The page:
A. C. Clarke
Eliphibian

 
What if the small black dot in the heart of the glop –
which even on tadpole terms seems unlikely to prosper
left out high and all but dry on the hillside
like a troubling child – were to bud in all directions:
the bulbous head blossoming two ears
lavish as palm-heads, the tail springing a tassel,
the folds at the edge of the mouth thrusting out tushes
the snout uncurling a trunk thick as liana
and as the bulk of the thing heaved to its feet
stepping out of discarded frills of jelly
it let loose out of that pink-tipped, pliant bassoon
triumphant blasts as its great feet quivered the grass.
Suppose it twice the size of anything seen
in our diminished days, as if the bones
of a mastodon uncovered on a beach
by the wash of tides were to take new flesh, its hide smooth as
butter, green and glistening as olives...
What if this new-spawned wonder, scattering sheep,
thudded down to the small white tourist town
turning all heads from tea-towels printed with doggerel,
tartan teapots, pottery seals –
the nemesis that all had been vaguely expecting
there in the car park stuffing shrubs into its maw
before it waddled off to give the loch
its newest monster – its wash capsizing small boats
tethered alongside the pier. Cameras clicking:
no-one knowing in the slightest what else to do.

 


Emma Danes
Parenting class

Like the six blind men arguing
over the appearance of an elephant
none of them has seen, we debate
the nature of the child. A dozen women,
arranged across a polite restraint
of carpet, shielded from the subject
 
of discussion by suction-sealed doors
and clinker-built blinds. As though any of us
could see beyond our knowledge of ears, say,
 
or knees of this fictional whole child,
or accept we all are right, and how wrong.
We may as well stop here, I want to say,
 
allow children to be elephants:
unfretted on the wide day, calling
each other beneath the huge arch of the sky.

 


 

Carol Beadle
Dust rises, dust falls

 
The bleak swing of the matriarch's trunk
shocks them. Daughters approach,
surge through mosquitoes,
pace a lament between femur
and scapula, nuzzle the skull
with its family smell,
as if to send love
into death. Then, enough.
 
They sway like galleons into the dusk,
churning up insects snatched
by a wake of birds. Bark consoles them,
water-scent lures them,
cool ways of mud sluiced over shoulders.
Mangoes ripen, the sky grows old.
Dust rises, dust falls.

 


 

 

Kate Sealey-Rahman
Don't tell me elephants can't dance

The elephant that sat, unmentioned, in the far
corner of my uncle's living room,
was not grey, or white (as these creatures sometimes are),
 
it did not brood – fogging up the windows
with thickly exhaled gloom –
rather, it waltzed. On gaily painted toes,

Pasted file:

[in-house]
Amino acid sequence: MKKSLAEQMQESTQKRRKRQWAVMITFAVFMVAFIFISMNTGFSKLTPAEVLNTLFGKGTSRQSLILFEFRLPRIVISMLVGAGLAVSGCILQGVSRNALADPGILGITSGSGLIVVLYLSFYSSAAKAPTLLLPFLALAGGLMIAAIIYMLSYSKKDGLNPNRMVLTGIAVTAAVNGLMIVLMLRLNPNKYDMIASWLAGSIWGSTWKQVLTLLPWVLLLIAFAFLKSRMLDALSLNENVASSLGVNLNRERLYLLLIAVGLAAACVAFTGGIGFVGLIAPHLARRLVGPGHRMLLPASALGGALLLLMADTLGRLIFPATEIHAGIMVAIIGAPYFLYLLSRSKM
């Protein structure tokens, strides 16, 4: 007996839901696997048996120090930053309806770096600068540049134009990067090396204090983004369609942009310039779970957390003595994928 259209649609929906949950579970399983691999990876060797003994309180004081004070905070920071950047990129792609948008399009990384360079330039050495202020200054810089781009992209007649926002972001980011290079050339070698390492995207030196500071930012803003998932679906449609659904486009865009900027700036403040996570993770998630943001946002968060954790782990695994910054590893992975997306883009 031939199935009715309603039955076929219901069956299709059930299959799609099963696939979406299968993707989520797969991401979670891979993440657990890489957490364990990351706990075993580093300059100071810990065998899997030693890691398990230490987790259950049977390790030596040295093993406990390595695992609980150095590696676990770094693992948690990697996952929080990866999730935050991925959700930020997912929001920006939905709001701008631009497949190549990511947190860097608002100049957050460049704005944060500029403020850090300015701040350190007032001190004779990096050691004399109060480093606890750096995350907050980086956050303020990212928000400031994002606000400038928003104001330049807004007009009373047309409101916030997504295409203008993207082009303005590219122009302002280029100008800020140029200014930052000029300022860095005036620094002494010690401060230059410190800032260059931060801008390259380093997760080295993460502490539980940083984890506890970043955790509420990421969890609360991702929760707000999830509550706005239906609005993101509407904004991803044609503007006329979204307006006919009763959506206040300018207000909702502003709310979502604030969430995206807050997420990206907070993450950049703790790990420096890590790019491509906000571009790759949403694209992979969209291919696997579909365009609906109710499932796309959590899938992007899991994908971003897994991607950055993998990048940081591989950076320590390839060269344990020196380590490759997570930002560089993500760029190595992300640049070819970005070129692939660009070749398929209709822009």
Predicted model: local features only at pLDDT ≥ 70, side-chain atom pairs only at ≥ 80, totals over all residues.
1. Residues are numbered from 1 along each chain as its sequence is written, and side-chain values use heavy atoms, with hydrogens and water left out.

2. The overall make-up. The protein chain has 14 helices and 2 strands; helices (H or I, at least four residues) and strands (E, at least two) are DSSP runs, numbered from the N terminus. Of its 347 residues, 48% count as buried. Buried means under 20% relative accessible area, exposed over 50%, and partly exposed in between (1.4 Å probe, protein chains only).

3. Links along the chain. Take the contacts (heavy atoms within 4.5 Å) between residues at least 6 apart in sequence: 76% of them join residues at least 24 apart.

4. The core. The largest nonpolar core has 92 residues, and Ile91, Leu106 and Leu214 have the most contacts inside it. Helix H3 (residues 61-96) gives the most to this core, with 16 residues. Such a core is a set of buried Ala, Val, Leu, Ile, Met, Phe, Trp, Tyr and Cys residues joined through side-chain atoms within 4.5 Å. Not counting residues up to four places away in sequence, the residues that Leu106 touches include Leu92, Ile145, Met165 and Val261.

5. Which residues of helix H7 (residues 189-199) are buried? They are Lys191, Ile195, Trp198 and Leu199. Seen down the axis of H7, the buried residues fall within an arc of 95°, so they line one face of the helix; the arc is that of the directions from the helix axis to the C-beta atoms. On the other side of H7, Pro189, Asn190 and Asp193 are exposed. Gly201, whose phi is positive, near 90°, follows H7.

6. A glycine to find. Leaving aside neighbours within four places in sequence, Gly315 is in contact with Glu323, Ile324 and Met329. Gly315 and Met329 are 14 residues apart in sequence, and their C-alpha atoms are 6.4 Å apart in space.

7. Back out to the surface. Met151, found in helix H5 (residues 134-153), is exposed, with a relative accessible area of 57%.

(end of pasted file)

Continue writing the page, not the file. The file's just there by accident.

it skirted round the usual chat –
traffic, rain, mumbled enquiries as to
the lodger's health – then rumbaed back,
 
until, one afternoon, grown weary with the merry
dance, it stretched its polished trunk straight through
the open door, and waved, in all its rainbow majesty.

 

Rob A. Mackenzie
ZOO



She is only three, yet she has touched
an elephant, something I have never done.
 
She touched the elephant because of me.
I sent her to the nursery, signed
the consent form for the zoo trip.
She knows nothing of this.
 
"The skin", she says, "is rough" – a new word
parroted from someone else,
now a studied is of her elephant. Later she tells me
it was smooth.
 
"Was the elephant warm?" I ask. "The elephant
is warm", she answers,
as if the question and answer mean anything
beyond the experience itself
and its memory – the touch of elephant, the friction
of skin on skin – which I cannot share.
 
To catch up, to be the father
she needs, I can imagine one day, for her,
raising my head before a lion's mouth,
unless handing her a kitten will do.


Matt Barnard
Hey Presto!

When I was a kid
my dad made me animals
from plywood, orange-juice cartons
and the odd old sock.
 
They seemed to appear by magic
like the man who appeared
after a certain time of night,
muttering and smelling of Laphroaig.
 
All through those years
the animals came
until, one day,
I woke to find an elephant
at the foot of the bed
 
shifting his weight from side to side,
and curling his trunk like an ammonite.


Autumn issue

Theme: Identity
Judge: Eleanor Cooke
In a bulging postbag, more than 200 poems looked for an identity – something to distinguish them from the rest – on the subjects of life, labels, love, death, Alzheimer's, and lots of stories. These six fastened in my mind (along with a few more that I'd liked to have included).